Presentation on theme: "Gale Rice, Ph.D., CCC-SLP and Susan Lenihan, Ph.D., CED"— Presentation transcript:
1 Gale Rice, Ph.D., CCC-SLP and Susan Lenihan, Ph.D., CED Children with Hearing Loss and Syndromes Early Hearing Detection & Intervention ConferenceGale Rice, Ph.D., CCC-SLP and Susan Lenihan, Ph.D., CEDFontbonne University
2 Scope of Presentation Importance of Topic What is a Syndrome? Role of Early InterventionistsCommon Syndromes in Children with Hearing LossFamily SupportAssessment, Prevention, TreatmentResources
3 Role of the Early Interventionist Family SupportAssessmentPreventionMinimalization of associated speech, language and learning issuesTreatmentPrognosis caveat
4 Prevalence of Hearing Loss & Syndromes (Picard 2004) 40% of children who are deaf or hard of hearing have additional “concerns”About 1/3 of those concerns (13.6%) are attributable to syndromic causesHigh number of children with hearing loss of unknown origin (over 50%) makes identification and diagnosis of any additional disability more challenging
5 Most Prevalent Syndromes/Sequences (Boys Town, 2007 and Picard, 2004) DownPierre RobinTreacher CollinsGoldenharSticklerCongenital cytomegalo virus*UsherBranchio-oto-renalPendredCHARGE associationNeurofibromatosis type IIMitochondrial disordersWaardenburg
6 Family Support“Over time, most parents rebuild their hopes and dreams for their child, learn to adapt to the circumstances in their lives, and remain steadfast in their concern for and commitment to their child with disabilities. The ways in which professionals understand and respect parent’s’ efforts can significantly contribute to this process.”(Gallagher et al)
7 Factors that may impact the grieving process Age of identificationDegree and nature of the disabilityEmotional state of the family prior to identificationIndividual personalitiesCultural experienceAvailability of resources for support
8 The Grief Process -Bader and Robbins, Rosetti, Luterman Grieving is the transformational process by which people respond and cope with a significant loss in their life.Having a child with a disability is a significant loss of a dream.Grief allows an individual to create and embrace a new dream.Grieving is appropriate, necessary and growthful.Professionals should view grief as a process that serves a positive purpose.Each family will experience the grief process in a unique way, but there are common struggles and states that most families will experience.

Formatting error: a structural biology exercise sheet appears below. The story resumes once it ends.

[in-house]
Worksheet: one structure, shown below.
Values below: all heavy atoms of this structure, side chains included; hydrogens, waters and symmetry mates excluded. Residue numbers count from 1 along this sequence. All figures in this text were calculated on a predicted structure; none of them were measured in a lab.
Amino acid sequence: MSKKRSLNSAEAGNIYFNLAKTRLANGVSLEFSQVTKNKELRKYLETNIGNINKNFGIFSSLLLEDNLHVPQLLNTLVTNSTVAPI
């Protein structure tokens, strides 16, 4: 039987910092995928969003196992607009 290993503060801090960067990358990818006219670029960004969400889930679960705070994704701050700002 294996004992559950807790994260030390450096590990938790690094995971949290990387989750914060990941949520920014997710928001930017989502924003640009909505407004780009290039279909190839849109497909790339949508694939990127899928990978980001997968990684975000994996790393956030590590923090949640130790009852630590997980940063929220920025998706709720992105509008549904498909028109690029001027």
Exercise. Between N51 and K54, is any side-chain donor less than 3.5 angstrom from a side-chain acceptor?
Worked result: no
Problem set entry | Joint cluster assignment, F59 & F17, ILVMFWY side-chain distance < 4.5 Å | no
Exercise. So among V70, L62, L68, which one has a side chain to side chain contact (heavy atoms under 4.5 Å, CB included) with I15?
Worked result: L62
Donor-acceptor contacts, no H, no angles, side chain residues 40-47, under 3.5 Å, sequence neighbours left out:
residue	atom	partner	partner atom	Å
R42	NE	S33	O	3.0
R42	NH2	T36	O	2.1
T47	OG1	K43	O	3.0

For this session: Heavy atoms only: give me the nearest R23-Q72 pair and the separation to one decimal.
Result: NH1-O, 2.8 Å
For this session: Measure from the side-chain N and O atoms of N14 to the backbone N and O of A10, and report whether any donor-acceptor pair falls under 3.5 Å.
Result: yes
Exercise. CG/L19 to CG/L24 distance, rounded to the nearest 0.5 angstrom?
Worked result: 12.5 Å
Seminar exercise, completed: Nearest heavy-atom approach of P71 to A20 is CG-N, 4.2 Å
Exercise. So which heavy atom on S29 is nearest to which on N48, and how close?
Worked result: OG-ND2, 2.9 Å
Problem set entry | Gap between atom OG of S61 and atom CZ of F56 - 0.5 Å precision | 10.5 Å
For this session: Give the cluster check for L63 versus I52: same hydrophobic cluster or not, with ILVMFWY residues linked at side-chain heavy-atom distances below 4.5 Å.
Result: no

9 Stages of Grief Stages Professional’s Role Denial Anxiety Guilt Assist the parent in identifying inner strengths and external resourcesAnxietyGuide parents to information and resourcesGuiltProvide information on etiology and prognosisDepressionEmpower parents to build personal competenceRefer when neededAngerRecognize source of anger
10 Suggestions for Professionals -Gallagher et al Support parents’ hopes and dreams for their child.Suspend judgment of families and their behavior.Demonstrate sensitivity through openness, flexibility, good listening and respect for differences.Recognize the talents of each member of the family.Increase your knowledge about child development, family systems, risk factors for disabilities and resilience.Serve as a connection to community resources.
11 Suggestions for Professionals Create a space for parents’ ideas, values and perspectives.Collaborate with colleagues to best meet the needs of the families.Be patient. People need time to find their own personal way through unexpected events.View this time as an opportunity to strengthen trust.Educate other professionals and family members to rethink denial and the grief process.
12 Websites for Family Support Hemifacial microsomia:Stickler syndrome:Usher syndrome:Branchio-oto-renal syndrome:CHARGE associationNeurofibromatosis type II:Mitrchondrial disorders:Waardenburg syndrome:
13 References on Family Support Bader, J. & Robbins, B., (2001). Good Grief. Denver: Hear at Home.Batshaw, M. (2001). When your child has a disability. Baltimore: Paul H. Brookes.Early Connections for Infants, Toddlers and Families, Colorado Department of Education (1998). One of the Family. Baltimore: Paul H. Brookes.Edwards, P.A., Pleasandts, H.M., & Franklin, S.H. (1999). A path to follow: Learning to listen to parents. Portsmouth, NH: Heinemann.Fialka, J., & Mikus, K.C. (1999) Do you hear what I hear? Parents and professionals working together for children with special needs. Ann Arbor, MI: Proctor Publications.Gallagher, P., Fialka, J., Rhodes, C., Arceneaux, C. (2002). Working with families: Rethinking denial. Young Exceptional Children, 5(2),Luterman, D., Kurtzer-White, E. & Seewald, R. (1999). The Young Deaf Child. Baltimore: York Press.Roberts, R.N., Rule, S., & Innocenti, M.S. (1998). Strengthening the family-professional partnership in services for young children. Baltimore: Paul H. Brookes.Rosetti, L. (2001). Communication intervention: Birth to three. Albany, NY: Singular, Delmar Publishing.